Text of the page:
CAYCE, S.C. — South Aiken freshman Preston Tiffany got the rush of his life after fighting through to a third-set victory on the No. 3 singles court of the Class AAAA state tennis championship.
Tiffany battled back from a first-set loss to win 6-7, 6-4 (10-5) and fell to the court after the winning point, which sealed the title for his South Aiken Thoroughbreds in a 4-2 victory over the Dorman Cavaliers on Saturday.
Teammates rushed the court to celebrate with their youngest starter – the last man standing in a long match in which the Thoroughbreds needed two such rallies to survive.
On the No. 4 singles court, Petar Zotovic also won in a tie-break set, after surrendering a first-set lead to Dorman’s Barrett Hardy. Zotovic won his tie-break 10-8.
South Aiken coach Rakesh Jasani was near trembling with excitement as the Thoroughbreds (19-1) awaited their trophy.
“I truly believed,” Jasani said. “There was no doubt they were going to find away.
“Man, these guys showed some guts today. I’m shook up.”
The Cavaliers had an advantage at first, with Wood Benton and Patrick Tobacco winning on the No. 1 and No. 2 courts in straight sets.
But South Aiken’s No. 5 singles Jonny Bowman and the Thoroughbreds’ No. 2 doubles team of Marko Zotovic and Matthew Willis came up with big wins that tied the match and left Petar Zotovic and Tiffany with a chance to put it away.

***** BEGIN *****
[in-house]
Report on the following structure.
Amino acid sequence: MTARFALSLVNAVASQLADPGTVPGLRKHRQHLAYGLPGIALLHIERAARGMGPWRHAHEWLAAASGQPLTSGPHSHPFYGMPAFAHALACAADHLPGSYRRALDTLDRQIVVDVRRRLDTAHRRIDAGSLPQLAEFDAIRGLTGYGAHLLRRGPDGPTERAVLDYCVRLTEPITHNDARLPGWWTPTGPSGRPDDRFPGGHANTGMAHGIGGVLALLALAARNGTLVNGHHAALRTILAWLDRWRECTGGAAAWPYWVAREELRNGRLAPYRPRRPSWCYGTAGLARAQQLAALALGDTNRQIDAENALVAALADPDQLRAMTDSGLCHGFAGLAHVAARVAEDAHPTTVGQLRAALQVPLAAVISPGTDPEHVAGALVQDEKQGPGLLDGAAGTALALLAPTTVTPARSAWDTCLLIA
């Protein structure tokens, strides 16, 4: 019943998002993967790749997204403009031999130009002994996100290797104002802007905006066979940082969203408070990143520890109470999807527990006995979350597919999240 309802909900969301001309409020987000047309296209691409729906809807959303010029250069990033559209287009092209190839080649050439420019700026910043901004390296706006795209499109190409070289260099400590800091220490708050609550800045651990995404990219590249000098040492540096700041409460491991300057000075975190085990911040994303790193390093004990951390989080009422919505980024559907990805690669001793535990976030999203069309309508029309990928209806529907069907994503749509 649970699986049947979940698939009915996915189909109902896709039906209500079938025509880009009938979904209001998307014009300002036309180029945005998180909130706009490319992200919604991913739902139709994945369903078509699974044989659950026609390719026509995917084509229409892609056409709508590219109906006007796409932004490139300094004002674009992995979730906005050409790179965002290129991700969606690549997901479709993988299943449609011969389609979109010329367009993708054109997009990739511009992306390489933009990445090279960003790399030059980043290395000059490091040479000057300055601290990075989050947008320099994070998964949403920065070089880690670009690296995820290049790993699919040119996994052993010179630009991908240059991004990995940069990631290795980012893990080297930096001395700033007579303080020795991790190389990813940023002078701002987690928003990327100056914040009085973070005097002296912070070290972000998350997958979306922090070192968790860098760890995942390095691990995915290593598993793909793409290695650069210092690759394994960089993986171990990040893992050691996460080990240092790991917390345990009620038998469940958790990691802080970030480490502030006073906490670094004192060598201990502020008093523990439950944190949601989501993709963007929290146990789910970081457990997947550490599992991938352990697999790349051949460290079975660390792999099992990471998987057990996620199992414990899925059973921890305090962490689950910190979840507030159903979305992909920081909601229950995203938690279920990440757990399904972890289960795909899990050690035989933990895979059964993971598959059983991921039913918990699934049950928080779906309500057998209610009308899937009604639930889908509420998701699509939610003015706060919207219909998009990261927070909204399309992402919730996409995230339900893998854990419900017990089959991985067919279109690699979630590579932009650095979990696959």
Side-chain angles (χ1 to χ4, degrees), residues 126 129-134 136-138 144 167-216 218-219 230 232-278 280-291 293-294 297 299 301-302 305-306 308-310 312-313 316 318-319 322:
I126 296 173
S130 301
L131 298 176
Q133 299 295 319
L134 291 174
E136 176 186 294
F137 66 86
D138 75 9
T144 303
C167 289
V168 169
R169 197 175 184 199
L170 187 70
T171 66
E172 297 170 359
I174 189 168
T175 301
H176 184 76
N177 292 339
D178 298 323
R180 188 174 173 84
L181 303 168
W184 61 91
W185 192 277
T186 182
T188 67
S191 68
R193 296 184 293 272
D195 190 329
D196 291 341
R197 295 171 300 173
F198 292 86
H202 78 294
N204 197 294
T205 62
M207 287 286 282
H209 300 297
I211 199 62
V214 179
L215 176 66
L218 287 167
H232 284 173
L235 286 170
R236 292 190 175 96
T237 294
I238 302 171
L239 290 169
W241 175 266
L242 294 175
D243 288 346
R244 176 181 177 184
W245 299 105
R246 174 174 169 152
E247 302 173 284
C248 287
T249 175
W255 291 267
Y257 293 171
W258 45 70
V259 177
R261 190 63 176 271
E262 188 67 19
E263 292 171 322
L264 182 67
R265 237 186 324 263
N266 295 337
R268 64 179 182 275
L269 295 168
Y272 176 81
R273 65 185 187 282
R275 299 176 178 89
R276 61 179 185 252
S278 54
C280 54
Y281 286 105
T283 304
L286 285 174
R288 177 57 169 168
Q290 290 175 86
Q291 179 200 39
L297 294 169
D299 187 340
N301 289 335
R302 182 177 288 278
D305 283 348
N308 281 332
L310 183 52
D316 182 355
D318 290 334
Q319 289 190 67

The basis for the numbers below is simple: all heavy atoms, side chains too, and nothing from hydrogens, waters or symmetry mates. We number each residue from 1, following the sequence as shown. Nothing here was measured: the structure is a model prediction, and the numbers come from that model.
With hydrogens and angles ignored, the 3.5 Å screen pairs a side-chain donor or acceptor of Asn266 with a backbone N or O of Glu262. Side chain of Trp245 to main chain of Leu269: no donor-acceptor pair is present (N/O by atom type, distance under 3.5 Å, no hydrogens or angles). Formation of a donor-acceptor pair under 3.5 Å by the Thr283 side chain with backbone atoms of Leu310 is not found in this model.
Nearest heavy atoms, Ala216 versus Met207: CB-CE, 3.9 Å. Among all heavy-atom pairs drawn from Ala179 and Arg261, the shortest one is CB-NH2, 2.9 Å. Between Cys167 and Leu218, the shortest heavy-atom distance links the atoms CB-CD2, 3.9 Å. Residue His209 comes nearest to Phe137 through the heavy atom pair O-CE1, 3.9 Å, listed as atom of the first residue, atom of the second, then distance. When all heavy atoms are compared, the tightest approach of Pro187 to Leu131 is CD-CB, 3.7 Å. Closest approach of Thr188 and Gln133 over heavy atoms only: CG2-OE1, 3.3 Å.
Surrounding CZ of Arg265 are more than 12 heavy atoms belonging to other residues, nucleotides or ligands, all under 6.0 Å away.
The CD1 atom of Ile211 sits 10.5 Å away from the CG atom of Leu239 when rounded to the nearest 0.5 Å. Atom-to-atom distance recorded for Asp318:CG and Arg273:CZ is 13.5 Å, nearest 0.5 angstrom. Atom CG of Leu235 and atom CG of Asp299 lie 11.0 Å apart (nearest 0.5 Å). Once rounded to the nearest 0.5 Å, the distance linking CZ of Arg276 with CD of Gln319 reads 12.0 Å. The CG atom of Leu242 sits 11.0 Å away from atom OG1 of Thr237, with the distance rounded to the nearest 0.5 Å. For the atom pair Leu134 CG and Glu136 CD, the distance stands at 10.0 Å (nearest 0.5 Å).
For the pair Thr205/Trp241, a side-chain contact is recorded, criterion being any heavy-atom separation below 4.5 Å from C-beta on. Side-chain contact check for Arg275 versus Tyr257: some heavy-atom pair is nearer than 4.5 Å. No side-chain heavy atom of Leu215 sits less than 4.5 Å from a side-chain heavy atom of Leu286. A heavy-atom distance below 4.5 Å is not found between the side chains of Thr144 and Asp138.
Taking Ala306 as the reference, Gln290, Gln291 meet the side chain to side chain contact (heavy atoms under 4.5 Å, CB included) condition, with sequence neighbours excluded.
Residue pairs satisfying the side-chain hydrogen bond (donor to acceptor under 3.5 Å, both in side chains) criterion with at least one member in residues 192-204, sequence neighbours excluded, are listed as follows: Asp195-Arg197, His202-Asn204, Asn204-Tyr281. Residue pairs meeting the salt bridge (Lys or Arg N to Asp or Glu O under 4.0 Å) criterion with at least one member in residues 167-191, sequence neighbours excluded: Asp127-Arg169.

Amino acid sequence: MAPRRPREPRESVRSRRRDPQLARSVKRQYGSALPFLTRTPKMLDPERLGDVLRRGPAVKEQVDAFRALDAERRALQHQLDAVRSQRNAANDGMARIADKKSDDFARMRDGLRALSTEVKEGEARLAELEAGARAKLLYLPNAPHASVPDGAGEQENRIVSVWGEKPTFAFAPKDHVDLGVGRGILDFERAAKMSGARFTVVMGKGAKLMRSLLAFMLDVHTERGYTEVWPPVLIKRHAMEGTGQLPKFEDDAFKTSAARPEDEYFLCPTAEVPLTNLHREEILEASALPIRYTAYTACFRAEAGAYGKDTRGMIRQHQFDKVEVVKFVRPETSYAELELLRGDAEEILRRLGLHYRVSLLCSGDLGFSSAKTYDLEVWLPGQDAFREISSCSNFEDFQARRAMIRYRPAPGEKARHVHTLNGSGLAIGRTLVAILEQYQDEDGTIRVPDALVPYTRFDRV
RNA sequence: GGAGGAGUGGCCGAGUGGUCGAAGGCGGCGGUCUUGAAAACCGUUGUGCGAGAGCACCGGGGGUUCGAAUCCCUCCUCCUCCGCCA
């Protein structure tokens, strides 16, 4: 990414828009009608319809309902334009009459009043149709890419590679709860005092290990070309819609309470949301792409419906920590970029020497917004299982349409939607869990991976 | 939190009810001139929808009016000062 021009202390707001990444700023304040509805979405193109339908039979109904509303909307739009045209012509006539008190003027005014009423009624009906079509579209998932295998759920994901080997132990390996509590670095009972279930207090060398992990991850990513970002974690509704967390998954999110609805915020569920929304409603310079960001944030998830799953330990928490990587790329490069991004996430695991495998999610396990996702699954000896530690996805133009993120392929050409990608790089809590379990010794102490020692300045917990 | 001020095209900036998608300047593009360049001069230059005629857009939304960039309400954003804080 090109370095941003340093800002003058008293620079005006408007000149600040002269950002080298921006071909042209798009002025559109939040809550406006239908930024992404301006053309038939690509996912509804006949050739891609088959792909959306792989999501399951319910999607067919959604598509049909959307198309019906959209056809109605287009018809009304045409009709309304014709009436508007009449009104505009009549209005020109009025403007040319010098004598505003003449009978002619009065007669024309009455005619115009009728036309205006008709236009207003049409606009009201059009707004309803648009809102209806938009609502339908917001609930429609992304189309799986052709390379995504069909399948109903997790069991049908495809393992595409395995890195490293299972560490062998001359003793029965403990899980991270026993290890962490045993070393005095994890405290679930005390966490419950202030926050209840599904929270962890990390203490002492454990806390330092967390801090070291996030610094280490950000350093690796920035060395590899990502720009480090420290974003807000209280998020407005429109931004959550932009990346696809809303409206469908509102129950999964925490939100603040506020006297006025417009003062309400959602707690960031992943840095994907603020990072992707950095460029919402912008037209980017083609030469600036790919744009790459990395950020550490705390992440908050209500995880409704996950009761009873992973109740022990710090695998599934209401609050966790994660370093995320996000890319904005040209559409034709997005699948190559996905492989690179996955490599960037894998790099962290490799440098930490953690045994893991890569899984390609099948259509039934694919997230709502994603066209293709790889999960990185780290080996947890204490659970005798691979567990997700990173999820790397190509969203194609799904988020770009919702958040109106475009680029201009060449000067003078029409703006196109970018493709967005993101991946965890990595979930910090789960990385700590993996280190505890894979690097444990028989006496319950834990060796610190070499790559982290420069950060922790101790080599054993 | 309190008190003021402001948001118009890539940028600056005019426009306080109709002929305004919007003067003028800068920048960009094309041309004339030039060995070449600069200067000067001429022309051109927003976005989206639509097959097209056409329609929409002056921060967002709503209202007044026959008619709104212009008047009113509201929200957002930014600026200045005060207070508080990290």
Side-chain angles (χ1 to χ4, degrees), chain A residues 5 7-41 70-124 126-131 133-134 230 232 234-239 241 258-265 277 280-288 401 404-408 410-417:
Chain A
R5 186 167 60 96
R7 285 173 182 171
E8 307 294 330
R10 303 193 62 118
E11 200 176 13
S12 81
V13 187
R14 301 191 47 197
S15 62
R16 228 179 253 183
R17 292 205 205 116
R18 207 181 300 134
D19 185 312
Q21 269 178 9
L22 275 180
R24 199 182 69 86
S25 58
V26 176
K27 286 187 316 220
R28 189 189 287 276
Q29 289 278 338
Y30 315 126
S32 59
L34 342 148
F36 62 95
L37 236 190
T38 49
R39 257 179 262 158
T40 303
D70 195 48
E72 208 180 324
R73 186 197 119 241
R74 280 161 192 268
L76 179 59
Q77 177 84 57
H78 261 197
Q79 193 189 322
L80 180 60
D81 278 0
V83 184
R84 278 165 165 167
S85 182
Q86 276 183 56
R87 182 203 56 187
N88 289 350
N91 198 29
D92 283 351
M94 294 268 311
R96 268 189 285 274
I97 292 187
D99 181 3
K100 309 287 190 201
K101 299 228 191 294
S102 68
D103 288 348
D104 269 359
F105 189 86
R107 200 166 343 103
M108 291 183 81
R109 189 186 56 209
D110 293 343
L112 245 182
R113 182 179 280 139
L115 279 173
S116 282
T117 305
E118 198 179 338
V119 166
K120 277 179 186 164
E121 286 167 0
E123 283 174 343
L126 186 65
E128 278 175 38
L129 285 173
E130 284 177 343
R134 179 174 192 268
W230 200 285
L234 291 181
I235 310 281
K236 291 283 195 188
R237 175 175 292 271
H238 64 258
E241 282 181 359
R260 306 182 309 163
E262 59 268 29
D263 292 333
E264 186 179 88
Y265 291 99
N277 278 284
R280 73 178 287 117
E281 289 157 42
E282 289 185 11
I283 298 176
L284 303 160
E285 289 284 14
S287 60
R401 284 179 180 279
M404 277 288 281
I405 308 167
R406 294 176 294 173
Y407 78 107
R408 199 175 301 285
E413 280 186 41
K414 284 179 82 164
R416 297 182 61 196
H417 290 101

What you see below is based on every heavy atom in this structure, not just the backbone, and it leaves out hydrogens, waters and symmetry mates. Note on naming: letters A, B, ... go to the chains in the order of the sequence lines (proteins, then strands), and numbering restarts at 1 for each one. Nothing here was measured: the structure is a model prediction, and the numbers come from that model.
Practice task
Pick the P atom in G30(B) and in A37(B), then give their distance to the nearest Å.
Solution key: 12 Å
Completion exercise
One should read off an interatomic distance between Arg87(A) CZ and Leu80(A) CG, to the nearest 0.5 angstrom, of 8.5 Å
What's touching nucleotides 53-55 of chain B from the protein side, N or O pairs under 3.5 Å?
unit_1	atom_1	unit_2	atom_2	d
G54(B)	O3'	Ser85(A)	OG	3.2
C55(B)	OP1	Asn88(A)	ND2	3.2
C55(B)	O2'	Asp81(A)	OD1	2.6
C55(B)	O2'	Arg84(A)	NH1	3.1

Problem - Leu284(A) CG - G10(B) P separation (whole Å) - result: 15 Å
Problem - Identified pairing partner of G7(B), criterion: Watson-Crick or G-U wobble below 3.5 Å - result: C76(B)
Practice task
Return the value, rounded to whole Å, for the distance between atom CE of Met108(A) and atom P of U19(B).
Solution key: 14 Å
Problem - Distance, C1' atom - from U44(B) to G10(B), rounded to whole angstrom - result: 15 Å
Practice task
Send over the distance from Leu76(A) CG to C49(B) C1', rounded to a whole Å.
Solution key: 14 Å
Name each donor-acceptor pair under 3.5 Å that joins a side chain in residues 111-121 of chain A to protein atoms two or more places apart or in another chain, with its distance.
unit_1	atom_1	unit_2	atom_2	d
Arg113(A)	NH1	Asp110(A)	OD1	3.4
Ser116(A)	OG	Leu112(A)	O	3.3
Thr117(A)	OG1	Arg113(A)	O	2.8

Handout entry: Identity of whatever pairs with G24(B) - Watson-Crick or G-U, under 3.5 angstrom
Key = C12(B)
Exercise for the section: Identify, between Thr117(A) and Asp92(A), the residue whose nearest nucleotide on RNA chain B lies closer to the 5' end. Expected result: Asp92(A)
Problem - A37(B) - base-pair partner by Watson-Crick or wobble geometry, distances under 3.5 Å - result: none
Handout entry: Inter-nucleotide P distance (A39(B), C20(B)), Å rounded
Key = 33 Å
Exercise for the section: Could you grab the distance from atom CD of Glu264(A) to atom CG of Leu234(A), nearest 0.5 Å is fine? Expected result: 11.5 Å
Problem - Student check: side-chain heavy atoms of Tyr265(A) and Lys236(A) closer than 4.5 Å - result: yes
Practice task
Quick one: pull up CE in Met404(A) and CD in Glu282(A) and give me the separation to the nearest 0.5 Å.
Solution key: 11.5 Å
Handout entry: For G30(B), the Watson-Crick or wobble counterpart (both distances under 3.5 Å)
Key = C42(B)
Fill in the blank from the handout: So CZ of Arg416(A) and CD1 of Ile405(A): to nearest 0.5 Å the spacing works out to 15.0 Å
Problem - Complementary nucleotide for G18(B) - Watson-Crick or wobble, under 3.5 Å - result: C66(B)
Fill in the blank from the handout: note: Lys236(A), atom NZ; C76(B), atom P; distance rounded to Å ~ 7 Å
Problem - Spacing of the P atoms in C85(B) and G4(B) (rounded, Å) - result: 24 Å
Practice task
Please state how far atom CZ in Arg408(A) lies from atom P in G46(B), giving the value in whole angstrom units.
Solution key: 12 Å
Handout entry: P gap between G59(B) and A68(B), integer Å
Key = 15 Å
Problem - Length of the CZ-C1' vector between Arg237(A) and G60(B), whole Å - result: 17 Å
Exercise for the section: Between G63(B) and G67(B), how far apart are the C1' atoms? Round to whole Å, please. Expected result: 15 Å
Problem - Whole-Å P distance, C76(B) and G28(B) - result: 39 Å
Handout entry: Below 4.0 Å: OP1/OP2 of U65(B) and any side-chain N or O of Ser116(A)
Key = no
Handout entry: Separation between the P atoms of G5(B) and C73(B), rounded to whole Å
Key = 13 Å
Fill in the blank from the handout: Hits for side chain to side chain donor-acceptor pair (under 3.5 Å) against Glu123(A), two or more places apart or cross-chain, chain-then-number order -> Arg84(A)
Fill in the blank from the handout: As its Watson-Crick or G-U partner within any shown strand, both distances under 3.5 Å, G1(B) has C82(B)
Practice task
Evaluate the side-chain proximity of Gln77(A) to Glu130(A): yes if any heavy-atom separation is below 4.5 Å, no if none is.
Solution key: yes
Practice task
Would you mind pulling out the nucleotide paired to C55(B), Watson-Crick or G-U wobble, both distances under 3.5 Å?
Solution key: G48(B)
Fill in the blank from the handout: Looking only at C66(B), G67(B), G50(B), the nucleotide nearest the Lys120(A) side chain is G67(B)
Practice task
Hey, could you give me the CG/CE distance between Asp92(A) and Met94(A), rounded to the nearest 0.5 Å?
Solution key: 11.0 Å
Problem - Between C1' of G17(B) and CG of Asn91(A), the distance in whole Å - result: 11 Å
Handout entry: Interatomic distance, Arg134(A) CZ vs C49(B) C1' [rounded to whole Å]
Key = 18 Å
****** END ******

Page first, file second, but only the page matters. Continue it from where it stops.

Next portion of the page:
Dorman coach Sammie Napier hoped his team could take one of the courts to get Benton and Tobacco back on the court for No. 1 doubles to decide the match.
“That was the whole focus for us, trying to get to No. 1 doubles. And for them, they were trying to avoid it. We felt like we would have won it then,” Napier said.
He was pleased with his players’ efforts in those final matches, though the Cavaliers did not get the finish they wanted.
“Our goal was state championship, and we’re one step short,” said Napier, whose squad finishes 20-2 after a postseason that featured three top-rated opponents.
“Hats off to them,” Jasani said of the Cavaliers. “They played a great match and they played with class. It could have gone either way. Three or four points decided the match and that’s the way it should be in the championship.”